Jay Glazer of Fox Sports broke news this past weekend that the NFL will begin to require that teams consult independent neurologists or neurosurgeons prior to clearing players to play medically when reporting symptoms of a head injury.
But while it's another in a long lines of moves by the league and its franchises to curtail the impact of concussions, there was some question as to whether the league is really on board regarding the protection of its players.
The program has already hit the ground running, with the Union's medical director Dr. Thom Mayer and the league's medical adviser approving independent doctors for half of the league's teams, according to an Associated Press report.
It's an encouraging sign. Concussions, like most injuries in the NFL, are not viewed as serious by the players as medical evidence suggests they should be.
Head injuries, in particular, can lead to lifelong neurological problems. While a career may only last three or four years, the problems from concussions can be far-reaching.
There is a great deal left to be hashed out, as detailed in the above report, including the logistics of how the neurologists will be paid, whether they'll be present at the games and on the sidelines, and just what their authority will be limited to.
But it's clear that the league and the union are no longer just paying lip service to the damage concussions can bring, especially if the neurologists have no other allegiance than to the players' health.
Nobody is suggesting that team doctors are paid hacks doing the owner's dirty work—this isn't Any Given Sunday—but there is at least a conflict of interest when a doctor paid by the team has to tell a star player he can't play because he may risk further head injury.
At the very least, by agreeing to allow independent neurological experts to make medical decisions that impact the fate of its franchises, the league is making a tacit admission that their could possibly be a scenario in which a team doctor is too close to the team to make the right call.
The league's various independent advisors—everyone from John Madden to Mike Ditka—have also bent Roger Goodell's ear over other issues, like preventing concussions during the week by perhaps forcing no-helmet practices.
It's an interesting proposition. Coming from a rugby background, I can tell you that you don't need a helmet to tackle somebody.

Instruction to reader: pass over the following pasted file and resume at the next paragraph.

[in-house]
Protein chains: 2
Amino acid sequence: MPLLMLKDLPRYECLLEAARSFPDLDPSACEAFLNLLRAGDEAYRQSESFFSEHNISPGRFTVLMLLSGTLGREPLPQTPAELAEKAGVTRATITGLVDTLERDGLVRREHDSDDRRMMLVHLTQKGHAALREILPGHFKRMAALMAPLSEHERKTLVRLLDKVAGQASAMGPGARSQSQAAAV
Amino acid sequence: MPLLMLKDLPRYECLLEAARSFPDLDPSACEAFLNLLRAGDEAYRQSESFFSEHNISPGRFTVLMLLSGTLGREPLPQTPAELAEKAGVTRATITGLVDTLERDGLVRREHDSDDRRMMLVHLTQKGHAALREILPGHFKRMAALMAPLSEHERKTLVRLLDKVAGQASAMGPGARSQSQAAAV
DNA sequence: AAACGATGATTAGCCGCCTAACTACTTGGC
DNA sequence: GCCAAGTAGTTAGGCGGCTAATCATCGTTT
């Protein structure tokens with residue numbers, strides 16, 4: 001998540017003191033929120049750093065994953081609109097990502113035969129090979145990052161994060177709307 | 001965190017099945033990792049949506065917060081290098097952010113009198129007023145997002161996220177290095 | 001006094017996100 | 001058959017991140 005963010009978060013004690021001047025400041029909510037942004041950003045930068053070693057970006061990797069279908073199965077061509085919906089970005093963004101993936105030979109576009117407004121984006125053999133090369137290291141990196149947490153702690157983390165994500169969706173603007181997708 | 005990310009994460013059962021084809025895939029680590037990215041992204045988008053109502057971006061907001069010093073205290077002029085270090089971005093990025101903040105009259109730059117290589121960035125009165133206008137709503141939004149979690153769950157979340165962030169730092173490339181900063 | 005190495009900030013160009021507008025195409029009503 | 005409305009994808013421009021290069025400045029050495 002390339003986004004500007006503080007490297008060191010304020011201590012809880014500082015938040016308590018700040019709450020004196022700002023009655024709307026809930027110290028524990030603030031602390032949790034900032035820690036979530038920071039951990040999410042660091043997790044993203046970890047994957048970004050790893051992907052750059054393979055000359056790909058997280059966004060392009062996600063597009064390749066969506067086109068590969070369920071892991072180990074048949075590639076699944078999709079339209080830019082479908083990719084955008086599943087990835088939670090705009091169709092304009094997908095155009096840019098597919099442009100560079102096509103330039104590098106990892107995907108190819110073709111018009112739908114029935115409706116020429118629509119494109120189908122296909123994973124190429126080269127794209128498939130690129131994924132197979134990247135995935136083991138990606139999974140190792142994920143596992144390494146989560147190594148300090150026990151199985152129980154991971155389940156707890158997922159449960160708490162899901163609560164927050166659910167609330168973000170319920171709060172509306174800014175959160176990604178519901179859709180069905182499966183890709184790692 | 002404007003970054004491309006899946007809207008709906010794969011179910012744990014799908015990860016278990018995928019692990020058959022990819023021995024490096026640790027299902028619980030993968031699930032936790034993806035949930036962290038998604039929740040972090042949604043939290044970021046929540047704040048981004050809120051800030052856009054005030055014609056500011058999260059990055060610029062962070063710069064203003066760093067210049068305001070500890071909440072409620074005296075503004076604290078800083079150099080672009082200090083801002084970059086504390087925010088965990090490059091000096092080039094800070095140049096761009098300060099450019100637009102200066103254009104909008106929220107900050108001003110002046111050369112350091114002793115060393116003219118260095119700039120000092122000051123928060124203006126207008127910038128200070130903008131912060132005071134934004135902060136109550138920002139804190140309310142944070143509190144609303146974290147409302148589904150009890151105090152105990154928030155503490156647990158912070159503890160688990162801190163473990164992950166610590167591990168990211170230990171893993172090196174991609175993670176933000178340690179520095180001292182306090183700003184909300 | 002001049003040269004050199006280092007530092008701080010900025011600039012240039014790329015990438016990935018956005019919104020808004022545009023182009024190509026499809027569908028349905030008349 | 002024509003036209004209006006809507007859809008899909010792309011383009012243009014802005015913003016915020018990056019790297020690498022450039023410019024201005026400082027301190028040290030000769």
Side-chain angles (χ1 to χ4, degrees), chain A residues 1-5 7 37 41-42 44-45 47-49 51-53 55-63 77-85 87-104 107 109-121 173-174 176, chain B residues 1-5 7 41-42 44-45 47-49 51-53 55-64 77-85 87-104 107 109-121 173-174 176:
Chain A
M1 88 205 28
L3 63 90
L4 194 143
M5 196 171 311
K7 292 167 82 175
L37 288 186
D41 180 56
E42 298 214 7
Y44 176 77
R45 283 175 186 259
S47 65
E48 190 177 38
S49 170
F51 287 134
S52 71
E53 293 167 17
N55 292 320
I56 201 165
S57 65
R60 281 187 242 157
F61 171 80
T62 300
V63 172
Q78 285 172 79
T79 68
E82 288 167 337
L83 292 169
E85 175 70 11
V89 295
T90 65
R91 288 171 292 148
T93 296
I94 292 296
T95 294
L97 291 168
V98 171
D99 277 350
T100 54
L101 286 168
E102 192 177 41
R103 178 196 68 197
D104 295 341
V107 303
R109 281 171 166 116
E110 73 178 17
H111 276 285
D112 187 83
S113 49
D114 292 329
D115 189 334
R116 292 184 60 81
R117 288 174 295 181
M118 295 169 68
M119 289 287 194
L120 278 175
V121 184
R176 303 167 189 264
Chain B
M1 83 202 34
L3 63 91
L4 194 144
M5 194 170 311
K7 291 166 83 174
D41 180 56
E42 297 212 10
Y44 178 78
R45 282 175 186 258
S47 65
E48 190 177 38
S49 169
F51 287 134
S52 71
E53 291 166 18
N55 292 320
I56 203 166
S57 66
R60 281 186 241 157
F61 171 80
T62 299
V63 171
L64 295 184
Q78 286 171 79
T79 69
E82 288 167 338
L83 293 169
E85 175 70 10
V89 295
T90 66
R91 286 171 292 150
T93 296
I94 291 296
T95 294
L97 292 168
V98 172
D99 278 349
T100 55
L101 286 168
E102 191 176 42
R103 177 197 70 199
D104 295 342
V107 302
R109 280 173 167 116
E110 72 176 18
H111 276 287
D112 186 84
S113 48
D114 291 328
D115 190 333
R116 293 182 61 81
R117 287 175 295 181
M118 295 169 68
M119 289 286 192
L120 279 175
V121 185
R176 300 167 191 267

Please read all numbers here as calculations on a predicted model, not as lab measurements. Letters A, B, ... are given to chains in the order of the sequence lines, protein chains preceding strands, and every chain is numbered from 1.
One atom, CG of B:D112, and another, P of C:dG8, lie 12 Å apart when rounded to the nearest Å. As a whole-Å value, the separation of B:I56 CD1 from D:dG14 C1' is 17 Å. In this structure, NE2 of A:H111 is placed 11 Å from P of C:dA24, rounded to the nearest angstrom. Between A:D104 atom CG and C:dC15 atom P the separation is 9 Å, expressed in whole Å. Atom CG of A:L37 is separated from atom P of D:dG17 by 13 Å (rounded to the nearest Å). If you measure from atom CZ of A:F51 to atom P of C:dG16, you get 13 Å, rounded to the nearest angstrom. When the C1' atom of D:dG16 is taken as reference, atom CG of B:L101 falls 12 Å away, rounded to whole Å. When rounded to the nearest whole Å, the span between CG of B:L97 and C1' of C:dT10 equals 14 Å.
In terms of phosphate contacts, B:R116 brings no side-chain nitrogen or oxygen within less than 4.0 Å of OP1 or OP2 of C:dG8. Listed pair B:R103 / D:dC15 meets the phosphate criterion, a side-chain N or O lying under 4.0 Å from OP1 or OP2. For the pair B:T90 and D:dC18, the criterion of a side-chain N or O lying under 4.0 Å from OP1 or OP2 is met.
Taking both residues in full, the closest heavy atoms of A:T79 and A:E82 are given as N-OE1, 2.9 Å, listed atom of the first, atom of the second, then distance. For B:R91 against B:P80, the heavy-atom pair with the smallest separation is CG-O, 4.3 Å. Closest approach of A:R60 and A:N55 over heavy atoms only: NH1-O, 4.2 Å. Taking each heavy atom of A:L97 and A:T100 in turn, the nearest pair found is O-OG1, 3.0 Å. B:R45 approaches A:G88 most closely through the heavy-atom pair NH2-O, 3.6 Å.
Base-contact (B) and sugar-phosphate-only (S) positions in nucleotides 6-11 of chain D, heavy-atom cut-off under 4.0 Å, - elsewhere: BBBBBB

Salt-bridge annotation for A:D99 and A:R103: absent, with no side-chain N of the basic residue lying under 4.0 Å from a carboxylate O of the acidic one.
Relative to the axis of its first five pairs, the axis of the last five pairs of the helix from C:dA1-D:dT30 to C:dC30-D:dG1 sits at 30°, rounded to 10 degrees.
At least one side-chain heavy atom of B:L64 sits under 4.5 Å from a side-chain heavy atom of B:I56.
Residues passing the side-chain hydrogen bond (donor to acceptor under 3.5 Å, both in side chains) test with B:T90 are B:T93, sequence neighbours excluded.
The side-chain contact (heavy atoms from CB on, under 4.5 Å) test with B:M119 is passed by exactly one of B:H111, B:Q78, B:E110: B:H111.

Football isn't a tacking sport, though. It's a collision sport. Watch any safety in the league make a hit and you're rarely to see any sort of fundamental wrapping up.
In the hands of a defensive player, the helmet is the most dangerous weapon a football player has at his disposal, and you better believe players are coached to use it.
I think football should look to its long-lost cousin rugby for some more answers. In a sport that at times looks like one 80-minute long session of "kill the man with the ball," rugby has long implemented several rules that require safe play.
They're simply really:
A tackler must wrap up.
A tackle must be on his feet.
You can't play the ball unless you're on your feet.
These rules require a player to be on his feet and capable of protecting himself whenever he is involved in the play.
They're simple, but they keep rugby a relatively safe sport. I've watched way too many football players pick up a rugby ball and try to barrel through somebody, helmet-less head leading the way, somehow imagining that is the proper, safe way to approach a group of people trying to bring you down.
But this is the way our football players are coached: To rely on the helmet, to use it as your first line of defense, a weapon.
I'm not saying outlawing the helmet makes sense. I'm not advocating we return to the days of leather wraps and tiny shoulder pads. I'm just saying that those involved with the game of football—fans, players, coaches, executives, writers, owners—should think more critically about what we want from the game and what is more important, player safety, or an extra satisfying *crack* on Sunday.
I'm glad the league is already taking the right steps to ensure that, for their part, they're on the right side of the debate.